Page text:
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PostPosted: 25 Aug 2014 15:13 
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seborric dermatitis with hairfall is very common..how far the treatment is effective?


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PostPosted: 27 Aug 2014 02:21 
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Hello Asha Mohan,

Welcome to the Forum. Allow me to initially present some basics of treatment.

Seborrhoeic dermatitis
Management of scalp and beard

How should I manage seborrhoeic dermatitis of the scalp and beard?

Remove thick crusts or scales on the scalp before using an antifungal shampoo.Removal of crusts can be achieved by:

Applying warm mineral or olive oil to the scalp for several hours, then washing with a detergent or coal tar shampoo, or
Application of a keratolytic preparation (for example salicylic acid) or coal tar–keratolytic preparation.

Prescribe ketoconazole 2% shampoo for adolescents and adults, if it has not been tried already. Selenium sulphide shampoo may be used as an alternative.
Consider treatment with other medicated shampoos such as zinc pyrithione (e.g. Head and Shoulders®), coal tar, or salicylic acid, if ketoconazole or selenium sulphide is not appropriate or acceptable to the person.

Confirm that zinc pyrithione, coal tar, or salicylic acid have not been tried already.
Medicated shampoos (as well as ketoconazole and selenium sulphide shampoos) may be purchased over the counter.

Advise the person that:
Shampoos should be used twice a week for at least one month.
Once symptoms are under control, the frequency of shampooing may be reduced, for example to once a week or once every 2 weeks.
Shampoos can also be applied to the beard area.

If the person has severe itching of the scalp consider co-prescribing 4 weeks of treatment with a potent topical corticosteroid scalp application such as betamethasone valerate 0.1%, hydrocortisone butyrate 0.1%, or mometasone furoate 0.1%.
Potent topical corticosteroid scalp applications are not suitable for application to the beard, because of adverse effects such as thinning of the skin on the face.

Seek specialist advice if symptoms have not resolved after 4 weeks, or sooner if response to treatment is poor.

Topical corticosteroids are not appropriate for continuous long-term use, and their use as maintenance treatment is not recommended.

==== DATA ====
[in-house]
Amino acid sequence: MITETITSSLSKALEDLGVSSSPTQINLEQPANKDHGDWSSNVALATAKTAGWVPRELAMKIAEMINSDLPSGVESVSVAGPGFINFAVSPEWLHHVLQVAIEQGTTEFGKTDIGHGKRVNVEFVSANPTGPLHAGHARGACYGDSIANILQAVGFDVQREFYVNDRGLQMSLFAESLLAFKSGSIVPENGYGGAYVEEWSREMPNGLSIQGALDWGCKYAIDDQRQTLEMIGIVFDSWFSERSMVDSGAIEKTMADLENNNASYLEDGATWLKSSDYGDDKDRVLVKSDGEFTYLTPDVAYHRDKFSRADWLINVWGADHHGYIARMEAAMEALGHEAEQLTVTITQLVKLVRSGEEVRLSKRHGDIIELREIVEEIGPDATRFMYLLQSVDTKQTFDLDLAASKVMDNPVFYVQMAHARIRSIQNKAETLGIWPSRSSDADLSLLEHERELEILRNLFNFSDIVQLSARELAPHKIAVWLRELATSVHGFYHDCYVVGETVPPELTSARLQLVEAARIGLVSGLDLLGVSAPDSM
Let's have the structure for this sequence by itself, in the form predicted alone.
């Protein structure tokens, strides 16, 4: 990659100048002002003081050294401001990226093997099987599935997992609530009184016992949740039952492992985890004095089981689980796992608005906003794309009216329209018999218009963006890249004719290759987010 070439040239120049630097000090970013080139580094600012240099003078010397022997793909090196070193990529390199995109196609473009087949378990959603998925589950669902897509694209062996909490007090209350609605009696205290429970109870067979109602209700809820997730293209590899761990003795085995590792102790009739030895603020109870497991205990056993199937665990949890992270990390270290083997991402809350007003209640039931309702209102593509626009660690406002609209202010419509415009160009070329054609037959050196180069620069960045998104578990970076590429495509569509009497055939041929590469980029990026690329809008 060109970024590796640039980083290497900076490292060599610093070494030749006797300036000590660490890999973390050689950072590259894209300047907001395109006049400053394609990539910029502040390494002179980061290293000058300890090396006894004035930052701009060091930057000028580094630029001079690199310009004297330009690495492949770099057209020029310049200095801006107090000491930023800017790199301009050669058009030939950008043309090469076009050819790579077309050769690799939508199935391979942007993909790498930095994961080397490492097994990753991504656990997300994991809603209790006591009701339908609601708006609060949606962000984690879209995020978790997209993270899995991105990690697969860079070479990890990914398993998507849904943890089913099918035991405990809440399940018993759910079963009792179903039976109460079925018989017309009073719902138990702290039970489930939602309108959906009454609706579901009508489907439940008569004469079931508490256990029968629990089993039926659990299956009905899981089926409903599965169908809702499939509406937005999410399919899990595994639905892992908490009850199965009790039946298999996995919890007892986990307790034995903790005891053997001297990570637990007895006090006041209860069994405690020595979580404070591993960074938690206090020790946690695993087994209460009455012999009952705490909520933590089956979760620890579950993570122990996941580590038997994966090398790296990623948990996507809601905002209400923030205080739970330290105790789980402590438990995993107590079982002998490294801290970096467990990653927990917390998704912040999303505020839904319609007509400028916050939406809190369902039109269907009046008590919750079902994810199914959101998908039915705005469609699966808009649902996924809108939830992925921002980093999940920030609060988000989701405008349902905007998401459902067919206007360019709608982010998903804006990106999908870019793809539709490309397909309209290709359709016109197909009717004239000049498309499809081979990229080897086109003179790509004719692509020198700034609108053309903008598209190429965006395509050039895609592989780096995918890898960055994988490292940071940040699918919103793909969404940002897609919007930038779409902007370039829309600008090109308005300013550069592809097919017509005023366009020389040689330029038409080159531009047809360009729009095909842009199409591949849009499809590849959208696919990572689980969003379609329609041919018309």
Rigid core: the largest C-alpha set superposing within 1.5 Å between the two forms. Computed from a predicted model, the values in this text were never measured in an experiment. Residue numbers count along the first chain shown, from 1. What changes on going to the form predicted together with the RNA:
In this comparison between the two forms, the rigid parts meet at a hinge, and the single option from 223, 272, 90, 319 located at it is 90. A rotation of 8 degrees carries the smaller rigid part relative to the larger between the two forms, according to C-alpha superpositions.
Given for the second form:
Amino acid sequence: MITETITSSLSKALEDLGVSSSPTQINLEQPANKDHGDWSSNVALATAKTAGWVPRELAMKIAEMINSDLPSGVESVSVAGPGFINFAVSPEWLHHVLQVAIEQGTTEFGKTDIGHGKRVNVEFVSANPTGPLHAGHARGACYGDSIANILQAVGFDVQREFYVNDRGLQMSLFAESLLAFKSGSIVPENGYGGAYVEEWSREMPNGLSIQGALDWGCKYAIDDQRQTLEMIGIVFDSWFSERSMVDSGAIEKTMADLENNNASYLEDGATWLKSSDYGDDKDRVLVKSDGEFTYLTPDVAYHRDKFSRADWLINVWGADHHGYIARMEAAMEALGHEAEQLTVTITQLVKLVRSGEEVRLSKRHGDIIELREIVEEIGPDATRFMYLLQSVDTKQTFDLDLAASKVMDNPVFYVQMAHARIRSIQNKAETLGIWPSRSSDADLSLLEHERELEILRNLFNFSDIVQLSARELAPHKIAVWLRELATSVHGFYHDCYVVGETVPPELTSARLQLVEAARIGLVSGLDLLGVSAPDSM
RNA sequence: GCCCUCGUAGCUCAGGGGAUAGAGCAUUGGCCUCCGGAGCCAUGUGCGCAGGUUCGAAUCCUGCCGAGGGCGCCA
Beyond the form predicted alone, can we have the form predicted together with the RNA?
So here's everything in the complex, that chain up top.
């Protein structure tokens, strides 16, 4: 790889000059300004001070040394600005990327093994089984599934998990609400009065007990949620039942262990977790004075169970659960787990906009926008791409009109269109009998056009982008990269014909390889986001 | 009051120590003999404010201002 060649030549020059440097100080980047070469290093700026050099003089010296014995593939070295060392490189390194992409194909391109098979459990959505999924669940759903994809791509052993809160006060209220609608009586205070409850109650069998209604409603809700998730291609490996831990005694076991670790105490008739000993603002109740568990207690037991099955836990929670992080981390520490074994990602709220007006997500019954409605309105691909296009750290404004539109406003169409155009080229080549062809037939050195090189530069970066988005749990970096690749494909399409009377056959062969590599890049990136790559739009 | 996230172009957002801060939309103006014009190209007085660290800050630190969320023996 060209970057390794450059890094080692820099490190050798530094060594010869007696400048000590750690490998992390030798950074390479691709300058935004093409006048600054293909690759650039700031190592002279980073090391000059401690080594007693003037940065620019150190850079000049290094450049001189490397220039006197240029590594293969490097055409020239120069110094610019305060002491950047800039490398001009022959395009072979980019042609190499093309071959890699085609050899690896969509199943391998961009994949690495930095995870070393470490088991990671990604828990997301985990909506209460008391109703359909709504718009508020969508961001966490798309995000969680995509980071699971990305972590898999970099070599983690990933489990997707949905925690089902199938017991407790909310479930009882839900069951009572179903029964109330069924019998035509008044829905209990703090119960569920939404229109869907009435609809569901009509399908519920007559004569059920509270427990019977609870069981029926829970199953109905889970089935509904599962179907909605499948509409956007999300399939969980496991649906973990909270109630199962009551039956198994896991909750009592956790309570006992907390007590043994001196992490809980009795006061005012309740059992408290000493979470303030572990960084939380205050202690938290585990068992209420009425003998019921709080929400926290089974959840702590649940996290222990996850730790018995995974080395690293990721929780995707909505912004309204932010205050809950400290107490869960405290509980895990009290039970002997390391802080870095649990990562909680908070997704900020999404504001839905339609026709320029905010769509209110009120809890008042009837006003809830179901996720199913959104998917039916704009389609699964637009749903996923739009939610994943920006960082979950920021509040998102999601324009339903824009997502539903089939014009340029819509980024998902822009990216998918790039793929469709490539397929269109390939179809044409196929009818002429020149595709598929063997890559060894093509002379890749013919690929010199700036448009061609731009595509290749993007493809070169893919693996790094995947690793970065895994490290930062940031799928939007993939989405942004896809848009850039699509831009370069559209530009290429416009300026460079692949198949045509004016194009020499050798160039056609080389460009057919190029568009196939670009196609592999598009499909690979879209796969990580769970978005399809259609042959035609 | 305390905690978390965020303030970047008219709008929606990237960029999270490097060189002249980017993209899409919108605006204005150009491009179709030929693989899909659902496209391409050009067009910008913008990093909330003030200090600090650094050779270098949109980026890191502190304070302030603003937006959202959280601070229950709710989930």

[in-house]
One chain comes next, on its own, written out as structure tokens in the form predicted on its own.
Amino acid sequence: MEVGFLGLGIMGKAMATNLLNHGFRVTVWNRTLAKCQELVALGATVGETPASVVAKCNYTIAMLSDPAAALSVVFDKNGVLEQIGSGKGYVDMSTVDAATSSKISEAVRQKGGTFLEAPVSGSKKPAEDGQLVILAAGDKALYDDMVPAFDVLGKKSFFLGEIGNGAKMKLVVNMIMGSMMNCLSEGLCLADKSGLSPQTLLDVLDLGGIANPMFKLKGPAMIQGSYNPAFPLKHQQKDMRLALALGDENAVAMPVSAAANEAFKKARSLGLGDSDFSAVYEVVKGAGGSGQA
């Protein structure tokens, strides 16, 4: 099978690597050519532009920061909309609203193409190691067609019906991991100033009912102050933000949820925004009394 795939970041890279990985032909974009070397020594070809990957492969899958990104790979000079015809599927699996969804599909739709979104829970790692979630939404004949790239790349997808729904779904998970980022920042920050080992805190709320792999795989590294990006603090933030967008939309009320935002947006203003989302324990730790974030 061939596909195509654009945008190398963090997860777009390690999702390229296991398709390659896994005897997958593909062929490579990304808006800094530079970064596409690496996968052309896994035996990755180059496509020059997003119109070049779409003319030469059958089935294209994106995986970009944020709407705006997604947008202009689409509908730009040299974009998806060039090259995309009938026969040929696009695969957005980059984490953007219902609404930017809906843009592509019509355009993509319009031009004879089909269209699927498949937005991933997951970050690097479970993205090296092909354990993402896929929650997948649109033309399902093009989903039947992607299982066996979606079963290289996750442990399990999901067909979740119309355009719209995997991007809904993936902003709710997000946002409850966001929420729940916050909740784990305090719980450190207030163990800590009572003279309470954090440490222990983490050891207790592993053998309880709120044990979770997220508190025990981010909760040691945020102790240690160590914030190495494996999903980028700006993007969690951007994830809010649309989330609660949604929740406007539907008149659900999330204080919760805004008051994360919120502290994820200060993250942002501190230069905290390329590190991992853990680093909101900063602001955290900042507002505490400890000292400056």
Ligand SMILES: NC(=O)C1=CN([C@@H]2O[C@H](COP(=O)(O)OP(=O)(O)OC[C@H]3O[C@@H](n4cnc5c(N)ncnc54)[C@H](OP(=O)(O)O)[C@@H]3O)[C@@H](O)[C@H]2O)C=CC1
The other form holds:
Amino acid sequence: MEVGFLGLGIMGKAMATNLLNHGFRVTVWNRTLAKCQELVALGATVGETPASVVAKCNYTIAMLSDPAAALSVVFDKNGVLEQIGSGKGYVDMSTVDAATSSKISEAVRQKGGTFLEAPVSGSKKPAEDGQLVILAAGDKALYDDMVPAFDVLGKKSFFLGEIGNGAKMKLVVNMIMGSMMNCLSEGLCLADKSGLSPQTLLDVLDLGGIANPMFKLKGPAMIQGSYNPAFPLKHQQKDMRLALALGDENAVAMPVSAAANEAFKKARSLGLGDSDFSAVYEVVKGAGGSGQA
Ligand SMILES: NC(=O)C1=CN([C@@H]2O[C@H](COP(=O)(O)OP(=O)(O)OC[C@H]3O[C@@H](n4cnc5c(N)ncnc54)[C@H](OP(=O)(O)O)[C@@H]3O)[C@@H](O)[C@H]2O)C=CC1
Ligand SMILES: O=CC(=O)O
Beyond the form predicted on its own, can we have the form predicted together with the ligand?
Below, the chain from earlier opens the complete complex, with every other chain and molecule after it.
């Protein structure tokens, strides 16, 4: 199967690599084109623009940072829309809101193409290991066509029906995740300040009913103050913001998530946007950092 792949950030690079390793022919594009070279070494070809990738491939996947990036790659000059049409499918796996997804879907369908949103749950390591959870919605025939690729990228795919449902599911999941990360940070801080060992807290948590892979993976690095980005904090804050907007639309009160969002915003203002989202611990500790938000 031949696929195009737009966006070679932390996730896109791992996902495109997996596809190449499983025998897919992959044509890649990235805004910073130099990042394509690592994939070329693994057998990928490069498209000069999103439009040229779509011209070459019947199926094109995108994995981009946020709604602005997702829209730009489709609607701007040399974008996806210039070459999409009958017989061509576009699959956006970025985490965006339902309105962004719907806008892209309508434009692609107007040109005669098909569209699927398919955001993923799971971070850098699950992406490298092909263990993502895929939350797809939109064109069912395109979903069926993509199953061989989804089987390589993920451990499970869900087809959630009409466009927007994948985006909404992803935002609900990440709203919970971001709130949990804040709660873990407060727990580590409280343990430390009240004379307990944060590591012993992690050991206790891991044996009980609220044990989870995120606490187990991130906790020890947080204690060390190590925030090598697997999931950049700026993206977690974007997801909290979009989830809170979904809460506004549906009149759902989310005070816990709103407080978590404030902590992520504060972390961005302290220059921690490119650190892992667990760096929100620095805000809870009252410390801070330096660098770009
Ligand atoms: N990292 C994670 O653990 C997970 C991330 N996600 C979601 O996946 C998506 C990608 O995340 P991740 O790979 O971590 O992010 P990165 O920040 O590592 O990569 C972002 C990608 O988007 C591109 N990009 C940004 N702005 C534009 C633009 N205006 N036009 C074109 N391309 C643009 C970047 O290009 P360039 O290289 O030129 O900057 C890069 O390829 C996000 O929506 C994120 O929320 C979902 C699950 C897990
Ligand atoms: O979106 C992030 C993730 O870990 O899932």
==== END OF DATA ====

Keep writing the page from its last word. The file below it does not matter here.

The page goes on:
Management of severe or widespread seborrhoeic dermatitis involves considering:

Alternative diagnoses of seborrhoeic dermatitis (such as psoriasis, systemic lupus erythematosus, and infected eczema, candidiasis, depending on the location of dermatitis).

Whether the person may be immunocompromised (e.g. has HIV infection). The need for blood tests should be considered based on clinical judgement (e.g. full blood count, glucose measurement, viral serology).

The need for referral to a dermatologist.

People with seborrhoeic dermatitis should be advised to avoid:

Cosmetic products that contain alcohol.

Soap and shaving cream on the face, if they cause irritation.

Greasy emollients.

Any known dietary triggers.

Stress (if possible).

It would be good to hear from our Dermatology colleagues.


To follow- Infantile Seborrhoeic dermatitis- Management.

G Mohan.


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Last edited by gmohan on 27 Aug 2014 02:40, edited 2 times in total.

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PostPosted: 27 Aug 2014 02:29 
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How should I manage an infant with seborrhoeic dermatitis?

Reassure the parents that infantile seborrhoeic dermatitis is not a serious condition, it does not usually trouble the infant, and, it will spontaneously resolve within weeks to a few months.

If the scalp is affected (the most common presentation) advise parents to try simple measures including:

Regular washing of the scalp with a baby shampoo, followed by gentle brushing with a soft brush to loosen scales and improve the condition of the skin.

Softening the scales with baby oil first, followed by gentle brushing, then washing off with baby shampoo.

Soaking the crusts overnight with white petroleum jelly or a slightly warmed vegetable or olive oil, and shampooing in the morning.

If these methods do not achieve softening, a greasy emollient or soap substitute, such as emulsifying ointment, can be used, which helps to remove the scales more easily

If the above simple measures are not effective, prescribe a topical imidazole cream (clotrimazole, econazole, or miconazole). The frequency of application and duration of treatment depends on the imidazole used.

Clotrimazole 1% cream: apply 2–3 times daily.

Econazole 1% cream: apply twice daily.

Miconazole 2% cream: apply twice daily.

[]Treat until symptoms resolve. If symptoms persist longer than 4 weeks with treatment, seek specialist advice.

If other areas of the skin are affected (including the napkin area):

Advise bathing the infant at least once a day and cleaning the affected areas using an emollient as a soap substitute.

Consider prescribing a topical imidazole once or twice a day.

Treat until symptoms resolve. If symptoms persist longer than 4 weeks with treatment, seek specialist advice.

Topical corticosteroids are not usually advised, although they may be of use for certain infants with nappy rash.

G Mohan.


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